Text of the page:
Elouise Norton, LAPD Homicide Detective, came out of my frustration as a reader, came out of a desire to see my experience on a page, came out of my embrace of life. She has been my therapy—being a survivor still means living with that threat each day—and she has been my ambassador—I’ve met incredible readers and writers and traveled to so many places because of her.
Lou has changed over the course of four books and in this last, I had to break her. A woman can only be so strong for so long and I wanted to reflect that in her. In City of Saviors, all the stress of the prior three books culminates in this story. She’s weaker, she’s stronger—but she holds fast to hope. Just as I do. She ugly-cries, she laughs, she’s pissed off, she eats bags of Doritos and sometimes, refuses to acknowledge how much she hurts—just like you, just like me.
Necessity is the mother of invention. Lou Norton came out of a selfish need of mine but I’m incredibly proud to share her with you now. Hope she helps—she has certainly helped me.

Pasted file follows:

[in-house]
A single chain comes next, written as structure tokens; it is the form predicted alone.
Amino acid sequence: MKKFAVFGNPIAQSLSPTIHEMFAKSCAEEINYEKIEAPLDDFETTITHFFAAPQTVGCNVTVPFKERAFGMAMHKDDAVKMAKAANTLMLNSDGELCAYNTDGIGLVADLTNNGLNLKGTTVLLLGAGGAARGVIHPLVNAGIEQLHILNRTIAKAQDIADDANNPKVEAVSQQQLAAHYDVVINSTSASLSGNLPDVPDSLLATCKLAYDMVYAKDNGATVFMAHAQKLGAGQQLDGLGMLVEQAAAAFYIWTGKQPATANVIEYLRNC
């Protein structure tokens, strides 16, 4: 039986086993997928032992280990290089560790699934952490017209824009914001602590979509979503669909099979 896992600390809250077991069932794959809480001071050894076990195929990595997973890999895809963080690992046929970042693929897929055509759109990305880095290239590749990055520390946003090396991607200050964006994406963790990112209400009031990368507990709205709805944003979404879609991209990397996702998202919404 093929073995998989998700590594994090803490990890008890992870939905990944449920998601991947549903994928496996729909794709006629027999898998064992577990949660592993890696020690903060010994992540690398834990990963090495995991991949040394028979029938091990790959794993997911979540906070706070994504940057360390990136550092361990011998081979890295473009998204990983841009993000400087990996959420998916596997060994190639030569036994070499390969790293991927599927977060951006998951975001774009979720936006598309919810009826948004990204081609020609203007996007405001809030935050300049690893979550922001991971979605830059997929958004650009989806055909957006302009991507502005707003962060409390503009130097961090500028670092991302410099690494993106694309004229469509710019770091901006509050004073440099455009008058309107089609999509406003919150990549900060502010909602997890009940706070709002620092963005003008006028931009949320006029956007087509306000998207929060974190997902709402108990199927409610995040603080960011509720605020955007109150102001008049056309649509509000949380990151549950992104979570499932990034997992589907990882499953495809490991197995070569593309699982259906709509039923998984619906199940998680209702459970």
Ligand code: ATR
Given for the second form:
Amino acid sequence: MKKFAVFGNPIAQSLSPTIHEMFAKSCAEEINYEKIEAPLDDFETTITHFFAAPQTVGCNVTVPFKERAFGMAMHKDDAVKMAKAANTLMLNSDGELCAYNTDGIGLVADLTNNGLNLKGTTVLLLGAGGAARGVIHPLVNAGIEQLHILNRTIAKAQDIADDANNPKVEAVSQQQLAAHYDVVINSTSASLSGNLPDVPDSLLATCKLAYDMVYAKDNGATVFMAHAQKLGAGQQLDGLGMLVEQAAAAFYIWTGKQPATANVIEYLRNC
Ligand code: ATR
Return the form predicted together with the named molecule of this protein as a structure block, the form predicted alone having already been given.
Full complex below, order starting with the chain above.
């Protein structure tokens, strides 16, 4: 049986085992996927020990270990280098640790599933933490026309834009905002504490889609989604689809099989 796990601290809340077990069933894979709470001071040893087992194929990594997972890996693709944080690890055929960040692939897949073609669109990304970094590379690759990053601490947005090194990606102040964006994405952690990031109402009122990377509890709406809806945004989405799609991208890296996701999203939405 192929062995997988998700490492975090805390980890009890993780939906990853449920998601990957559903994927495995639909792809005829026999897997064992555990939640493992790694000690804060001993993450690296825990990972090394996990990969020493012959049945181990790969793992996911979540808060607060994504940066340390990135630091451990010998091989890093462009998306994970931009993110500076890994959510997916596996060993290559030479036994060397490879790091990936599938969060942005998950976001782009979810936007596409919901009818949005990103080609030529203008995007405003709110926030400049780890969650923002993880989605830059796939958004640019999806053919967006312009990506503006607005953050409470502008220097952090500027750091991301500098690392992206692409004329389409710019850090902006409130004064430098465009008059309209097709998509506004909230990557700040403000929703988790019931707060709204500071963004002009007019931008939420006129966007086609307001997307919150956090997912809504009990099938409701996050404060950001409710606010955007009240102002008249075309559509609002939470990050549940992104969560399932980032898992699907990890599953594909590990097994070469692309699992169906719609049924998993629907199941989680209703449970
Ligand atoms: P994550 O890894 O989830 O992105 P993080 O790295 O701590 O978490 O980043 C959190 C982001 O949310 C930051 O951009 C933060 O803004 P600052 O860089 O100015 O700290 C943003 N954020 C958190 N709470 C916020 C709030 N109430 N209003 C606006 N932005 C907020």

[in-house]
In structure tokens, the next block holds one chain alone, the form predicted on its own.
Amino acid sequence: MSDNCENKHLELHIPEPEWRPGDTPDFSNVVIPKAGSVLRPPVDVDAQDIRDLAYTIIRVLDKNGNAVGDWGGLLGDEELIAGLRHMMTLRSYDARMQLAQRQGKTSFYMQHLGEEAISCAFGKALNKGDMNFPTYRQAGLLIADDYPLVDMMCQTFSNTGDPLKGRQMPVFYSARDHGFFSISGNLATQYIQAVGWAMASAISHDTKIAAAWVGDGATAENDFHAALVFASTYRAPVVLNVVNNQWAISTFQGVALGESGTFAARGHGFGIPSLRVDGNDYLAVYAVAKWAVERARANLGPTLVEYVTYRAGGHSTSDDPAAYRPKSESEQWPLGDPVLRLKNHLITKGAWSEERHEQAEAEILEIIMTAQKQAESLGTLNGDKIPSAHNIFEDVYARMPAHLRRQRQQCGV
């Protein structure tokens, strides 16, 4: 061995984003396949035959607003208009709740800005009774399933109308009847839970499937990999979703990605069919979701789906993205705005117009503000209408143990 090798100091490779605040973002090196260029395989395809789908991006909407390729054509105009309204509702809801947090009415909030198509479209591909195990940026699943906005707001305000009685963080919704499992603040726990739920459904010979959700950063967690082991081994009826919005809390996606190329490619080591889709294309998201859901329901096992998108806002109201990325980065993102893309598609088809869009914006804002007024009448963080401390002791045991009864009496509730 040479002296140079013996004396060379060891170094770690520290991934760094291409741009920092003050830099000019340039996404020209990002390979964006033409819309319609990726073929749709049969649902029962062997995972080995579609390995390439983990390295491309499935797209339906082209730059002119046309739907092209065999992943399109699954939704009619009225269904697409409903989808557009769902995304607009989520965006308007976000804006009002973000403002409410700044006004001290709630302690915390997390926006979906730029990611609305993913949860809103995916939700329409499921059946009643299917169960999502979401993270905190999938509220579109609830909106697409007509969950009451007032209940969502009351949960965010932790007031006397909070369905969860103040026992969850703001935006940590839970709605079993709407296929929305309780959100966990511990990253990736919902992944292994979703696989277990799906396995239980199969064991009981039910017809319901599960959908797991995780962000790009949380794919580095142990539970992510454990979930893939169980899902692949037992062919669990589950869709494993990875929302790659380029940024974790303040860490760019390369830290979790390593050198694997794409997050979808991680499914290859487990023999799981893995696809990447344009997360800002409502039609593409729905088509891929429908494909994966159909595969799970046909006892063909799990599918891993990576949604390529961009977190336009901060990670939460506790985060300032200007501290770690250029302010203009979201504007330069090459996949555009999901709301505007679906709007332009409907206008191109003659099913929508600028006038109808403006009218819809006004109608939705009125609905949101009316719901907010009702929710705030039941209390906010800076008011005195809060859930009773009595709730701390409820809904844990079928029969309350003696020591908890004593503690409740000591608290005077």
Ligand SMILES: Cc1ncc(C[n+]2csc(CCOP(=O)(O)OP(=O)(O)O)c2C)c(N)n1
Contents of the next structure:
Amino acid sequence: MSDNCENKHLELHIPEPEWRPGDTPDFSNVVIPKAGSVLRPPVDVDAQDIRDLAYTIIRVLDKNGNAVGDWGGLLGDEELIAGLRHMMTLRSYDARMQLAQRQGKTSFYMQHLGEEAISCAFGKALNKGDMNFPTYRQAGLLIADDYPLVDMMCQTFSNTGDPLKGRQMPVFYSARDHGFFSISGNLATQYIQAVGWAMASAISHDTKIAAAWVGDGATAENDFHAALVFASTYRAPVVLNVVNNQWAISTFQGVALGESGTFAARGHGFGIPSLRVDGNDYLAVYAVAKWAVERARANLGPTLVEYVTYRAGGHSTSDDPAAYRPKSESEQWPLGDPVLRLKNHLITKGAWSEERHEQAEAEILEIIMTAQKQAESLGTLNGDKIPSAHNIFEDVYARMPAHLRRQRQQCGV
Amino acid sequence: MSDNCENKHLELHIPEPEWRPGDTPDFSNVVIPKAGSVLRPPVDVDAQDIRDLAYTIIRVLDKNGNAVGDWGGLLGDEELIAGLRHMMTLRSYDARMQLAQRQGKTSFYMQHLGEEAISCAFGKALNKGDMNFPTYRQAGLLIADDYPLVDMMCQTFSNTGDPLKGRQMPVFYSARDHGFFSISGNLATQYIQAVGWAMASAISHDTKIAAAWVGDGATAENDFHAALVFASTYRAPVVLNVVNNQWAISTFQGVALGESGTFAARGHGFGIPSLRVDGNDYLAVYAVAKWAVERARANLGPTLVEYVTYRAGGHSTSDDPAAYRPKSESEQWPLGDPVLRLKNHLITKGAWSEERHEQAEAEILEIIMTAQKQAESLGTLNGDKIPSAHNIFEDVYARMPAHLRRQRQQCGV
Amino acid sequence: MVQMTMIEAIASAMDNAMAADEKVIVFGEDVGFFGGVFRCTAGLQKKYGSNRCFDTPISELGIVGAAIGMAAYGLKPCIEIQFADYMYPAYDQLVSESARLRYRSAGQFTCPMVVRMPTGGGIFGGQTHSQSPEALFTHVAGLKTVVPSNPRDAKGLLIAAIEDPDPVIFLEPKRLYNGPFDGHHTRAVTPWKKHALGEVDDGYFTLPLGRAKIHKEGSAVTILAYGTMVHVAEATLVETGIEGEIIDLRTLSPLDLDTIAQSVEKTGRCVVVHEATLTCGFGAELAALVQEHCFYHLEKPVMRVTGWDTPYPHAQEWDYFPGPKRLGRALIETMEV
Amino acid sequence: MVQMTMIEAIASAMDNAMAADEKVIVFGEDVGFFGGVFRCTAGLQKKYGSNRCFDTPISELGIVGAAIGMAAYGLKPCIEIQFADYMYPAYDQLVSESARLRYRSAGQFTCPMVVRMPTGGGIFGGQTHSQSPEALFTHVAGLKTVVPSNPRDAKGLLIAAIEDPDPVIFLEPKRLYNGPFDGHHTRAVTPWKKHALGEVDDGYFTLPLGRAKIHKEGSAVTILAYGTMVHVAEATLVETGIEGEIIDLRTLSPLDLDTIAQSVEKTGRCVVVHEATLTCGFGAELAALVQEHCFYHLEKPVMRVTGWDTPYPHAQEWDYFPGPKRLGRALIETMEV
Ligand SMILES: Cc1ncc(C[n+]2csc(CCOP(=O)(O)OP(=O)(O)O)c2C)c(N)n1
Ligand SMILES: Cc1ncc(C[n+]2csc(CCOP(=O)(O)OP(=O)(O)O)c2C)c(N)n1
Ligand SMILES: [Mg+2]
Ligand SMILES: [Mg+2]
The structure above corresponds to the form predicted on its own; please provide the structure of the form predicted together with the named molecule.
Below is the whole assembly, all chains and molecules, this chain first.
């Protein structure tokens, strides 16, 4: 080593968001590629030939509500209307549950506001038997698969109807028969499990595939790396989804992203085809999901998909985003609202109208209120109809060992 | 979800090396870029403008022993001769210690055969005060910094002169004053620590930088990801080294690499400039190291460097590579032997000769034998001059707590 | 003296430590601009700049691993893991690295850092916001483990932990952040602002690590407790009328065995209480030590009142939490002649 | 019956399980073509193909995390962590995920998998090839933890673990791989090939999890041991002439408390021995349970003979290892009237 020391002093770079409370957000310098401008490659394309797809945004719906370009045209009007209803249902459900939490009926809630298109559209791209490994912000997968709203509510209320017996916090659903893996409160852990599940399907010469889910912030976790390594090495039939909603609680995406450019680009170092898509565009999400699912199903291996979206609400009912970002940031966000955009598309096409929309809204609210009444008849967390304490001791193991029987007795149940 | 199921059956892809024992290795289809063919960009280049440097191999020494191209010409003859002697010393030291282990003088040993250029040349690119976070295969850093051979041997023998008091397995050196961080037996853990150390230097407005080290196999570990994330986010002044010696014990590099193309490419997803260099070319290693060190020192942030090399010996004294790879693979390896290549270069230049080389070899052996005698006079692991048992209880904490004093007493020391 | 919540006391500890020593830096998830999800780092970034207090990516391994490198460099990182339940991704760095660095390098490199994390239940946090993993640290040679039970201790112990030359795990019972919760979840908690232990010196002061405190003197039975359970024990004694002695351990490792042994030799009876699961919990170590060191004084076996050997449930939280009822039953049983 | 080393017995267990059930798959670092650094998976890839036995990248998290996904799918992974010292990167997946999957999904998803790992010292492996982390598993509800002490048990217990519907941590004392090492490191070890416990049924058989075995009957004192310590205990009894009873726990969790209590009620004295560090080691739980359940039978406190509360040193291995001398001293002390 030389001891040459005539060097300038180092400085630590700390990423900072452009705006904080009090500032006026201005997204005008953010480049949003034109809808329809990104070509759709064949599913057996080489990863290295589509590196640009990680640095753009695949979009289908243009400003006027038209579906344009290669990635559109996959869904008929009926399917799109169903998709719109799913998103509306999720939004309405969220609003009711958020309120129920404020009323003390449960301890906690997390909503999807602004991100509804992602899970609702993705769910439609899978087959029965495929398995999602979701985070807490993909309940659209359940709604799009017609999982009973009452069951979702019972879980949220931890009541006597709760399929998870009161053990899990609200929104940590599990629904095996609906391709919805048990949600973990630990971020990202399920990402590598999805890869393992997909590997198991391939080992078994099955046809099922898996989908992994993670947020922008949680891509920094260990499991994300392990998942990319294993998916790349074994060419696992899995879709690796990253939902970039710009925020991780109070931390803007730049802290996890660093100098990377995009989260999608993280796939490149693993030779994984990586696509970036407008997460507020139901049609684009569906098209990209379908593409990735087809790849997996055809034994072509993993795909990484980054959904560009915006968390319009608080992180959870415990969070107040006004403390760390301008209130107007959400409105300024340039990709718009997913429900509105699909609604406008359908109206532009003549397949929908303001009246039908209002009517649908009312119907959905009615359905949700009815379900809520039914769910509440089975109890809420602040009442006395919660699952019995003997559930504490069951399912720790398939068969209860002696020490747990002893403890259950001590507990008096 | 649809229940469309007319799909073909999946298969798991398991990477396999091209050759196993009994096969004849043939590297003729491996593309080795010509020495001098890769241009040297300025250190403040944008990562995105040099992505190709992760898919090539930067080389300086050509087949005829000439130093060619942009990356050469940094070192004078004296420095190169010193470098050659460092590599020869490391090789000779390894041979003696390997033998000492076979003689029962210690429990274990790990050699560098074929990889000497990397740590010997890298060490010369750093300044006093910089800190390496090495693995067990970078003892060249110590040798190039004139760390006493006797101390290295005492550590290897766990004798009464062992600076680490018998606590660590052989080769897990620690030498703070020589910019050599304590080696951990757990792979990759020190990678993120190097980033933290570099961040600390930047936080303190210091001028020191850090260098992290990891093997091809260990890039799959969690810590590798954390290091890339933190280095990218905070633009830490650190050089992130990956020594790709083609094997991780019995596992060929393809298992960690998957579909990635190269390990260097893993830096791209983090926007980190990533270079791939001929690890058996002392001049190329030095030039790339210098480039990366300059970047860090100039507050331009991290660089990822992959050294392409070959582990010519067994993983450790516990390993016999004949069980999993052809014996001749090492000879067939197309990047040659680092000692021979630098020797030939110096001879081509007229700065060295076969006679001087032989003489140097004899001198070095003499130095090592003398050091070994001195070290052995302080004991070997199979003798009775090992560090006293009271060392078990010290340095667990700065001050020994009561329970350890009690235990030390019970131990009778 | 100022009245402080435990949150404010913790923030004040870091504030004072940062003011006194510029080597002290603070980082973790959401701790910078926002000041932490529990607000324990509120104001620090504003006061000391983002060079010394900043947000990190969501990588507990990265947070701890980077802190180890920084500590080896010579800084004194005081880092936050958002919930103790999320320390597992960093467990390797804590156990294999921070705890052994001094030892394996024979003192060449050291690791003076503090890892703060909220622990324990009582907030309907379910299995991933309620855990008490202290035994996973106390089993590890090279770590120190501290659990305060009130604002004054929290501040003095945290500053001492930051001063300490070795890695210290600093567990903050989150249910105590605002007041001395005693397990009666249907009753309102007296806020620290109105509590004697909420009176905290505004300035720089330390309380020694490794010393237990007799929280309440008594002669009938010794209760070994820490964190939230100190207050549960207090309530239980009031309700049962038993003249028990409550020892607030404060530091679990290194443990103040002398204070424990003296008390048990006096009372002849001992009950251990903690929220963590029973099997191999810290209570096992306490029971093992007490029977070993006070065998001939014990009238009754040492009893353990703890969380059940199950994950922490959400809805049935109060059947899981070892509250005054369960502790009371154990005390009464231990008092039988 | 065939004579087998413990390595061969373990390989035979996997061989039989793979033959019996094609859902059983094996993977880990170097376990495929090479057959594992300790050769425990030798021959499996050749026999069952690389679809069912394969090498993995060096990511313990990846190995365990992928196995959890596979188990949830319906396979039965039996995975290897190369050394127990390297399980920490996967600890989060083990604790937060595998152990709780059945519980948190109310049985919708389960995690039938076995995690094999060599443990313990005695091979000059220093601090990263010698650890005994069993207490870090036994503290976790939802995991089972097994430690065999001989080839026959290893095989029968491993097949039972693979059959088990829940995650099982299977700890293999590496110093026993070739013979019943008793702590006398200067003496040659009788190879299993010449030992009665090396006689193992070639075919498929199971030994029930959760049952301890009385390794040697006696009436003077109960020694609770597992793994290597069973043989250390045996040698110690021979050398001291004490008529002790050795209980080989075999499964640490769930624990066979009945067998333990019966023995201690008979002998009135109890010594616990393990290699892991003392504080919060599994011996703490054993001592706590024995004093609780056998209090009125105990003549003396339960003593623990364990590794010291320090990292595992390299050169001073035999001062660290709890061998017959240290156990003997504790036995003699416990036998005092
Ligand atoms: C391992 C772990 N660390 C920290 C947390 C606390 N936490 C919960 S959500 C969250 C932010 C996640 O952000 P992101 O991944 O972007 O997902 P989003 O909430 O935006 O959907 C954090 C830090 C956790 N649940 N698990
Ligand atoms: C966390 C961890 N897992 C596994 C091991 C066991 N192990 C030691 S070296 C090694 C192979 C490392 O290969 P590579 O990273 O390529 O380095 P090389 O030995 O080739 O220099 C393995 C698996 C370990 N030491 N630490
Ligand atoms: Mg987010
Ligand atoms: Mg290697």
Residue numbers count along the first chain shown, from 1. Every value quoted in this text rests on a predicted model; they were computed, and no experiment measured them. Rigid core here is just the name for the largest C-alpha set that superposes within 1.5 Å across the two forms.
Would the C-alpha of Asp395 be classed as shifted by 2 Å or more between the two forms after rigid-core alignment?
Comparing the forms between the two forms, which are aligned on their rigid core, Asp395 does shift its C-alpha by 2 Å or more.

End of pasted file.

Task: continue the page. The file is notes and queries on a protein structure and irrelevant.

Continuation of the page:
About the book

Seventy-three-year-old Eugene Washington appears to have died in an unremarkable way, but LAPD homicide detective Elouise “”Lou”” Norton is positive that something isn’t right. Especially when she learns that the only family Washington had was his fellow church-goers. Could the murderer be sitting in one of those red velvet pews? And is someone protecting the wolf in the flock? Lou must force the truth into the light before it’s too late

My Review

City of Saviours is the fourth book in the series to feature Lou Norton but the first that I have read. Obviously, there is a lot of back story but it didn’t stop me enjoying the book and it was easy to read as a standalone. If anything, the back story has made me intrigued about what I have missed.